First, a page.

No visit to Barcelona is complete without wandering through the Gothic Quarter and ending up at its crown jewel, the Barcelona Cathedral.
After all, this architectural marvel has more secrets and stories than you can imagine – for example, ever heard about the mysterious geese that call the Cathedral’s cloister home?
Living in Spain has been an adventure for me, and I’ve spent a considerable chunk of my time wandering the alleys and avenues of Barcelona. Trust me when I say, this city and its Cathedral have a special place in my heart.
Stick around, and I’ll give you the insider scoop on this iconic gem and a few tips to make your visit even more memorable!
(Although make sure you get your tickets to the Cathedral in advance as entry spots frequently sell out well ahead of time!)
What is the famous cathedral in Barcelona called?
The famous cathedral in Barcelona is called the Cathedral of the Holy Cross and Saint Eulalia, or simply, Barcelona Cathedral. It’s a Gothic cathedral located in the heart of Barcelona, Spain, and is an important landmark in the city.
Barcelona Cathedral is the seat of the Archbishop of Barcelona and holds religious and historical significance. Having been established in the 14th century, it’s dedicated to the city’s co-patron Saint Eulalia.
Eulalia was a martyr who lost her life after refusing to dismiss her belief in Jesus as the Son of God. Her tomb lies in a crypt within the Cathedral, making it a revered and sacred site.
In addition to this history, the architecture is also incredibly impressive. You don’t have to be religious to appreciate the soaring roof, intricate carvings and beautiful art work throughout the building.
The best tour for seeing Barcelona Cathedral and the other highlights of the Gothic Quarter.
Learn about more than 2,000 years of history while being shown some of the most spectacular sights in the city.
Barcelona Cathedral vs Sagrada Familia
You might often come across people confusing Barcelona Cathedral with Sagrada Familia, and some websites may even refer to Sagrada Familia as a cathedral. However, it’s important to clarify that these are two distinct landmarks in Barcelona – in particular, that the Sagrada Familia is a basilica, not a cathedral.
Barcelona Cathedral, officially known as the Cathedral of the Holy Cross and Saint Eulalia, is a Gothic-style cathedral located in the Gothic Quarter of the city. It serves as the cathedral church of the Archdiocese of Barcelona.
This incredible structure dates back to the 14th century, showcasing magnificent Gothic architecture, ornate chapels, and a striking central nave.
On the other hand, the Sagrada Familia is a modernist basilica designed by the world-famous architect, Antoni Gaudí. It’s situated in the Eixample district of Barcelona and is not the cathedral church of the Archdiocese.
Though it remains under construction, the basilica stands as a testament to Gaudí’s creativity and vision, with its distinctive and whimsical towers, incredible facades, and nature-inspired interiors.
While both landmarks share religious and cultural significance in Barcelona, they also showcase the city’s architectural evolution. Barcelona Cathedral represents the rich history and tradition of the city with its blend of Gothic and Spanish architecture.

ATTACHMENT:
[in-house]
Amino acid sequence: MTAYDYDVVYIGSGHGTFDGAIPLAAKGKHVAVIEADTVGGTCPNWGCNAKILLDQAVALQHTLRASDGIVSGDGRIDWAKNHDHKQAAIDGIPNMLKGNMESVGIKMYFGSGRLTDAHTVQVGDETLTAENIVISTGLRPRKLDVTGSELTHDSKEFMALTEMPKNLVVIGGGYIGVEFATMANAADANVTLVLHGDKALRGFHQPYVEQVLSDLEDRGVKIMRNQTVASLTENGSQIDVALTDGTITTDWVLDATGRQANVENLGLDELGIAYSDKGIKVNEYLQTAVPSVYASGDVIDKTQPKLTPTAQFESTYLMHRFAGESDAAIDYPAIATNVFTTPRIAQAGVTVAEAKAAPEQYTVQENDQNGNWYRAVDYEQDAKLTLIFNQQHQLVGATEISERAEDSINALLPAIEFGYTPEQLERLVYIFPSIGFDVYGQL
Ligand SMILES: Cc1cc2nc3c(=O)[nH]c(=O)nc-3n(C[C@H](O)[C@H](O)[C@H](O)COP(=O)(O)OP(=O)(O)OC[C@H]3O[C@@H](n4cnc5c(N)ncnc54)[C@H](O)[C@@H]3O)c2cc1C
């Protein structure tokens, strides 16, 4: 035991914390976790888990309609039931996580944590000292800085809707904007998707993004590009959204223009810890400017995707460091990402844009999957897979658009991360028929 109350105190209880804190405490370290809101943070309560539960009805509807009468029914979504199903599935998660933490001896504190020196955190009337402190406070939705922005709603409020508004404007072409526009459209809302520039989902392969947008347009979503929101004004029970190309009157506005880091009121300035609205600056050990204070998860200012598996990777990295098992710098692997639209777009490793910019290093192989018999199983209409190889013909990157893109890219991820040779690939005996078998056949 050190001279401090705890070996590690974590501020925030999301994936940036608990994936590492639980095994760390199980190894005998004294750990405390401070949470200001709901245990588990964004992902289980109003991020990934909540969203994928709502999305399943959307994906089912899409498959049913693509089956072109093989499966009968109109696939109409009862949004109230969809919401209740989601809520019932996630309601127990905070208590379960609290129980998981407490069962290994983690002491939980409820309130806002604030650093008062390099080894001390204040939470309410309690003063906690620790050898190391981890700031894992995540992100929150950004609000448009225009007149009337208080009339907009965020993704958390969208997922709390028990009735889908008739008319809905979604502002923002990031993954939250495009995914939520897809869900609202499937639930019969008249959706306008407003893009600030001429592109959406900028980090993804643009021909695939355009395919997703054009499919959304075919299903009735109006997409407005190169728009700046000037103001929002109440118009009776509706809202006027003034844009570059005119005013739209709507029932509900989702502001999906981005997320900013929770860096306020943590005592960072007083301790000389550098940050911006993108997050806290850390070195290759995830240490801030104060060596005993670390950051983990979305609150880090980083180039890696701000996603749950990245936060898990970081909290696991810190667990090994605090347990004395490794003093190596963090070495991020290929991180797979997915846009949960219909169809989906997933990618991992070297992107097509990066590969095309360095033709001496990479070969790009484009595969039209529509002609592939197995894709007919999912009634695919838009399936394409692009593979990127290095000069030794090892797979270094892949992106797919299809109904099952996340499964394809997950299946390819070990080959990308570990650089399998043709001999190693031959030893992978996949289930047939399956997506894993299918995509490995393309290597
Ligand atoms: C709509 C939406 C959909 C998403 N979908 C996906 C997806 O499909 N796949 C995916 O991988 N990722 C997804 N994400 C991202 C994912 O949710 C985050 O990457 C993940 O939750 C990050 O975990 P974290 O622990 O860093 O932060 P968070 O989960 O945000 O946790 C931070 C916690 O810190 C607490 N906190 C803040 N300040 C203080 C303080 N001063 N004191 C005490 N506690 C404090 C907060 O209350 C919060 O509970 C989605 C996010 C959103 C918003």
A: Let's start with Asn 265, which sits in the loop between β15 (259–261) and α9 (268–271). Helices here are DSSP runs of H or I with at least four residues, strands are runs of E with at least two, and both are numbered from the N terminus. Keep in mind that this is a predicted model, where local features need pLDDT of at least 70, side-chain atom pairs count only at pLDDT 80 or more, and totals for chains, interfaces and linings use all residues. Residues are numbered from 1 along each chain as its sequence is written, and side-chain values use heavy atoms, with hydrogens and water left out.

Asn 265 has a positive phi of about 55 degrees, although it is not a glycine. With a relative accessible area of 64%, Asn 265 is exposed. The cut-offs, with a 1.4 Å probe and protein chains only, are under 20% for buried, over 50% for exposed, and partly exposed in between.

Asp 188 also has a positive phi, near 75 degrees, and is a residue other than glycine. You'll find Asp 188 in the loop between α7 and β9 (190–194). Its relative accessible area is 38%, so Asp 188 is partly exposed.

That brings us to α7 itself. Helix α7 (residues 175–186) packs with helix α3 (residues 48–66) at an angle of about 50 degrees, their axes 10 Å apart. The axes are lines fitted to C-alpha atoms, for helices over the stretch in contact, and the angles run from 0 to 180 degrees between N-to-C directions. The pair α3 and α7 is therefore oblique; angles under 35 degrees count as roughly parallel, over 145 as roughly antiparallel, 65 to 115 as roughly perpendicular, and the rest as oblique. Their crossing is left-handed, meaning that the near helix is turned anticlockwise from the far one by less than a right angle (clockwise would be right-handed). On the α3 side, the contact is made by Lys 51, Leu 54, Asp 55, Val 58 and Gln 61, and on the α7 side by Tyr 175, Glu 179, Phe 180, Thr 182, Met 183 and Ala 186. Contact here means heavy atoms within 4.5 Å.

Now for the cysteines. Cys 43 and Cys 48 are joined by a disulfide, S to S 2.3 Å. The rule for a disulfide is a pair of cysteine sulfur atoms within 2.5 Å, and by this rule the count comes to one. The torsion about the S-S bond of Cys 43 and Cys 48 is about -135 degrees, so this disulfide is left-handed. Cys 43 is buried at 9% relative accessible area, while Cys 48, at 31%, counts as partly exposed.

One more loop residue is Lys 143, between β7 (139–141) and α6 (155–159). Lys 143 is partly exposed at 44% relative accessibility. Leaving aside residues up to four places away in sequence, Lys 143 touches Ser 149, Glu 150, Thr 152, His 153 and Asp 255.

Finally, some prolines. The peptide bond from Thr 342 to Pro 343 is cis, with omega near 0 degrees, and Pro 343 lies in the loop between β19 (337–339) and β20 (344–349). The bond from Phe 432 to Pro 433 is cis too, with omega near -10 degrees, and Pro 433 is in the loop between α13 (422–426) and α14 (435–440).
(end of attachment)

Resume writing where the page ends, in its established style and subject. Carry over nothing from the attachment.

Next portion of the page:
In contrast, Sagrada Familia embodies Gaudí’s unique modernist style, highlighting Barcelona’s openness to innovation and the influence of Catalan Modernism.
One similarity they both have? It’s important to book tickets in advance to see each of them – especially the Sagrada Familia which frequently sells out weeks ahead of time.
You can get skip-the-line tickets to the Sagrada Familia here and purchase fast entry to the Cathedral here. Trust me when I say that if you want to see inside either building, buying tickets in advance is a must.
Is Barcelona Cathedral worth seeing?
Yes, Barcelona Cathedral is definitely worth seeing! It’s an impressive Gothic cathedral with a rich history, offering a unique opportunity for art lovers and photographers alike. As you explore the cathedral, you’ll be amazed by its remarkable architecture and intricate details.
The Barcelona Cathedral, also known as La Seu, is located in the heart of the Barri Gòtic district. This historic area adds to the charm and atmosphere surrounding the cathedral.
The outside of the cathedral features intricate stone carvings and gargoyles, while the inside is adorned with beautiful stained glass windows, ornate chapels, and impressive vaulted ceilings.
In addition to its stunning architecture, the Barcelona Cathedral has a vast collection of artwork and religious artifacts. You’ll find magnificent altarpieces, sculptures, and paintings, showcasing the talents of various artists throughout history.
For photographers, the cathedral is a treasure trove of opportunities. With its imposing façade, soaring interior ceilings, and breathtaking artwork, you’ll have no shortage of captivating scenes to capture.
Just remember that the cathedral is a place of worship, so be respectful when taking photos and exploring the premises.
Lastly, don’t miss out on visiting the 14th-century cloister, which is located within the cathedral grounds. It’s as spectacular as the cathedral itself, and the tranquil atmosphere provides a great contrast to the bustling streets of Barcelona.
Take some time to walk around the charming courtyard and admire the lush greenery and peaceful ambiance.
History of Barcelona Cathedral
The Barcelona Cathedral, known in Spanish as Catedral de Barcelona, began construction on May 1, 1298, and was virtually completed by the mid-15th century. It’s dedicated to Saint Eulalia, the city’s co-patron saint, who is believed to have been a virgin martyr during the Roman times.
During Roman times, the remains of a 4th-century church with white marble columns were discovered along its eastern wall. This primitive church held Eulalia’s relics until 985, when Moorish leader Al-Mansur ransacked Barcelona and destroyed the cathedral.
The Gothic cathedral that you see today commenced construction in 1298 and spans almost two centuries. It was consecrated in 1339 and has been a major place of religious worship ever since.